This incantation works on reasonably recent versions of Linux and MacOS X. If you want to support other platforms, feel free to make the change. Pull requests are very welcome!
Here are a few features and concepts we’d love your help implementing, if you’re bored and/or want to get your hands dirty (or are just a magnanimous person who loves fontdiff):
Port to other platforms. This should be a very easy starter task for people familiar with the respective platforms. It shouldn’t take more than a few hours, since the project already uses cross-platform libraries and a cross-platform build system.
Testing. Currently, the codebase is entirely untested, which makes it hard to maintain the code.
More constructs from CSS and HTML.
MathML. With (even limited) support for MathML rendering, font designers could use fontdiff to test their mathematical fonts.
Sandboxing. To protect users against attacks that use malicious font or text sample files, set up a sandbox early in the tool’s execution and then do all the rendering inside the sandbox.
CSS box model. It might be nice to properly support the layout of CSS and HTML, where boxes can be inside boxes. Not sure if this is terribly important for testing/diffing fonts, but if this tickles your interest, go ahead.
Paragraph layout. The current paragraph layout is rather ad-hoc. On the positive side, fontdiff uses ICU for finding potential line breaks, so it can be used in testing fonts for Thai and other languages that don’t mark word boundaries. However, there is currently no hyphenation or justification, and the current support for bidirectional text is rather iffy. One option for doing this properly could be Raqm, another might be Minikin. If you want to look into this, make sure to think about the special needs for diffing fonts. In particular, a changed glyph width should not require a re-flow in the entire paragraph — the resulting diffs would become meaningless. When fontdiff breaks paragraphs into lines, it currently measures the width of text runs using both the old and the new font version. The decision about line breaking is then made based on the maximum of both these values, which means fontdiff doesn’t run into this reflowing problem. It will probably be difficult to replicate this logic when using an existing paragraph layout library. However, being able to precisely locate the difference between two fonts is important for font designers, which is why we wrote the tool in the first place.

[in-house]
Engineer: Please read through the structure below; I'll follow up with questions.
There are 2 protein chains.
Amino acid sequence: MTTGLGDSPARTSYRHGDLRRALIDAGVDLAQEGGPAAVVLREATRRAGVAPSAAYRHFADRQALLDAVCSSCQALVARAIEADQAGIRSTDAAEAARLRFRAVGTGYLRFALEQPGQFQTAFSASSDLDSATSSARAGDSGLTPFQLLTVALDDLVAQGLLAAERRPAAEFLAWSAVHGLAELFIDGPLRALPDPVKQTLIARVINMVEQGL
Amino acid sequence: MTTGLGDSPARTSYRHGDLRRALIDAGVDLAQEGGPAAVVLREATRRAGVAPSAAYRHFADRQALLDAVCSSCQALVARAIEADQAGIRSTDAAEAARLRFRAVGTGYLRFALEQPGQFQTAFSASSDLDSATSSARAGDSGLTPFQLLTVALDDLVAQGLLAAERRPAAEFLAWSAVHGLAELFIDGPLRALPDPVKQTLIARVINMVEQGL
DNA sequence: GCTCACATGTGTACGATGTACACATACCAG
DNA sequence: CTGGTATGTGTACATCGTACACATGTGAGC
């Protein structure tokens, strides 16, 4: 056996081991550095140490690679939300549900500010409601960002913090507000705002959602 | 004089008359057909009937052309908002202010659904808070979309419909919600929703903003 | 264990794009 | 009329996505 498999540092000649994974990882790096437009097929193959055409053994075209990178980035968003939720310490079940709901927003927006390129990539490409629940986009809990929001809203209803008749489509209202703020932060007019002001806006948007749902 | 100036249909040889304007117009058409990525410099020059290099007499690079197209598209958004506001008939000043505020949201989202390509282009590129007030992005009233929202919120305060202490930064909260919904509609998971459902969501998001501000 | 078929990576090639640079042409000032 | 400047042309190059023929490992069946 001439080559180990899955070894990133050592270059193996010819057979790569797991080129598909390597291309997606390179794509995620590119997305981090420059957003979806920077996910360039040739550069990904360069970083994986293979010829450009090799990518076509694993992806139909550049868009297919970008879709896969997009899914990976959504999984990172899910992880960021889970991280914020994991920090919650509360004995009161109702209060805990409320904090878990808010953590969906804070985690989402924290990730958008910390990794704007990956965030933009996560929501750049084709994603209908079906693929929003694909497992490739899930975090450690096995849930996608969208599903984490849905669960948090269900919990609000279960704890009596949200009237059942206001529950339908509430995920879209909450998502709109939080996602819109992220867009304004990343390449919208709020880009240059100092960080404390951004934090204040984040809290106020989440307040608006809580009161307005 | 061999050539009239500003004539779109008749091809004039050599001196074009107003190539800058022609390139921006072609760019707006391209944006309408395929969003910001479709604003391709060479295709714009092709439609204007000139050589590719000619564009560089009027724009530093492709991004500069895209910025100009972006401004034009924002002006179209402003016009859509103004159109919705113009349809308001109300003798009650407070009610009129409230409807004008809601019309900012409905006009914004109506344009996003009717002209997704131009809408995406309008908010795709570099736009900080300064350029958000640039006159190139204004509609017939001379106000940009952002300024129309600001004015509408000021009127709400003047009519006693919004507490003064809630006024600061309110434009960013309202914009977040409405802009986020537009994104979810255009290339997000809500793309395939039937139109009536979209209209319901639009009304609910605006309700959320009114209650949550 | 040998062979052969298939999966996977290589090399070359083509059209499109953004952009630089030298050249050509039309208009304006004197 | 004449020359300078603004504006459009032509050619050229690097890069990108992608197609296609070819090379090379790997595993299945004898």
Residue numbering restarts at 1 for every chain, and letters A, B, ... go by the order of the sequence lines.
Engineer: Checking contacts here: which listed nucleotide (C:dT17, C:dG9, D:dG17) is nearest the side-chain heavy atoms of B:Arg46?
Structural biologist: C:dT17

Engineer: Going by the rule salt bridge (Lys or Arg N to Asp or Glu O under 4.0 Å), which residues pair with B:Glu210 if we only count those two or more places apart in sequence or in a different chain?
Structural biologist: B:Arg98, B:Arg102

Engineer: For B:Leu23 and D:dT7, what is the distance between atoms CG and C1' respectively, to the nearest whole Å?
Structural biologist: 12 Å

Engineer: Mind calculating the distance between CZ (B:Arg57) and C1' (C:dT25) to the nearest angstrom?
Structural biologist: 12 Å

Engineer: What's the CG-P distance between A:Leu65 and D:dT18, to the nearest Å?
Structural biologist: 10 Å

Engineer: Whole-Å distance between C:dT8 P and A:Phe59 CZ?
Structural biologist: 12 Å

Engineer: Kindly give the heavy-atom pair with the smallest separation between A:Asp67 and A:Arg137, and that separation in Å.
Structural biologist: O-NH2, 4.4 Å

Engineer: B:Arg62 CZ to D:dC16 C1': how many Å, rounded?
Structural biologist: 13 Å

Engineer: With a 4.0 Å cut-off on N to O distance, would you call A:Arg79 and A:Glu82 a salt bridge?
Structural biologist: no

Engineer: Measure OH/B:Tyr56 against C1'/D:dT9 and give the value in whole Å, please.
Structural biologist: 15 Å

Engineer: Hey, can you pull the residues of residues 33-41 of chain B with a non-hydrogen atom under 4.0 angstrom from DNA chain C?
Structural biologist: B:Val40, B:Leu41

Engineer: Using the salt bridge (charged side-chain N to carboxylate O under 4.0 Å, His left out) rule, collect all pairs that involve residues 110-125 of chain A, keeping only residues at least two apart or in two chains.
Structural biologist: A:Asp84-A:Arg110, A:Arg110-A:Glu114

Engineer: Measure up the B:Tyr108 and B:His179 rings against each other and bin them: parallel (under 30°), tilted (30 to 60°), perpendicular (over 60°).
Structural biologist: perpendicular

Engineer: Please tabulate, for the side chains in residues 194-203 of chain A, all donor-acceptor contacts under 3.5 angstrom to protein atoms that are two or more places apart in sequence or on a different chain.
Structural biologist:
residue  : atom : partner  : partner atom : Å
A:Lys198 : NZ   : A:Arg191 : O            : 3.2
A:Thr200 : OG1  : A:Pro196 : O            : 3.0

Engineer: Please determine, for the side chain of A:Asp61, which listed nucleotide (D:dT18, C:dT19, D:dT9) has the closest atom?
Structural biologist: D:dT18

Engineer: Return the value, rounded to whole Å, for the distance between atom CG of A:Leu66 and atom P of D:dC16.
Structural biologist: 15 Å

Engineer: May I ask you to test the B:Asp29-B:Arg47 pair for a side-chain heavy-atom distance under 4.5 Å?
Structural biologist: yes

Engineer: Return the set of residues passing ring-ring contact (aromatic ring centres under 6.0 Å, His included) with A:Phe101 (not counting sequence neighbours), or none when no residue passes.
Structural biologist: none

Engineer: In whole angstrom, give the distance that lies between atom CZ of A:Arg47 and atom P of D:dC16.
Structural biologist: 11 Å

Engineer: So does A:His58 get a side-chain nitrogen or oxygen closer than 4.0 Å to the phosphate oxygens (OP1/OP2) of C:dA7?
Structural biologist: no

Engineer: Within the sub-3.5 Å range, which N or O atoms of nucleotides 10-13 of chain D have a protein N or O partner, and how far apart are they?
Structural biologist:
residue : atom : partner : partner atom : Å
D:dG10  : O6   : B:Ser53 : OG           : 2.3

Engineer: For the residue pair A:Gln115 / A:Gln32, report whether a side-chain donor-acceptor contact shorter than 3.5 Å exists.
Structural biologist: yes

Reduce binary size. To avoid dependency hell and to maintain reproducible versioning, fontdiff is statically linked to all its dependencies. This is a very intentional choice, but ICU’s data files are huge. By building a static ICU data library with only the needed data files (the break iterators), the size of the compiled fontdiff binary would shrink by about 20MB. If you are interested in this task, check out how NodeJS does it. This task shouldn’t be very difficult, but it’s probably also not the biggest problem fontdiff needs to solve.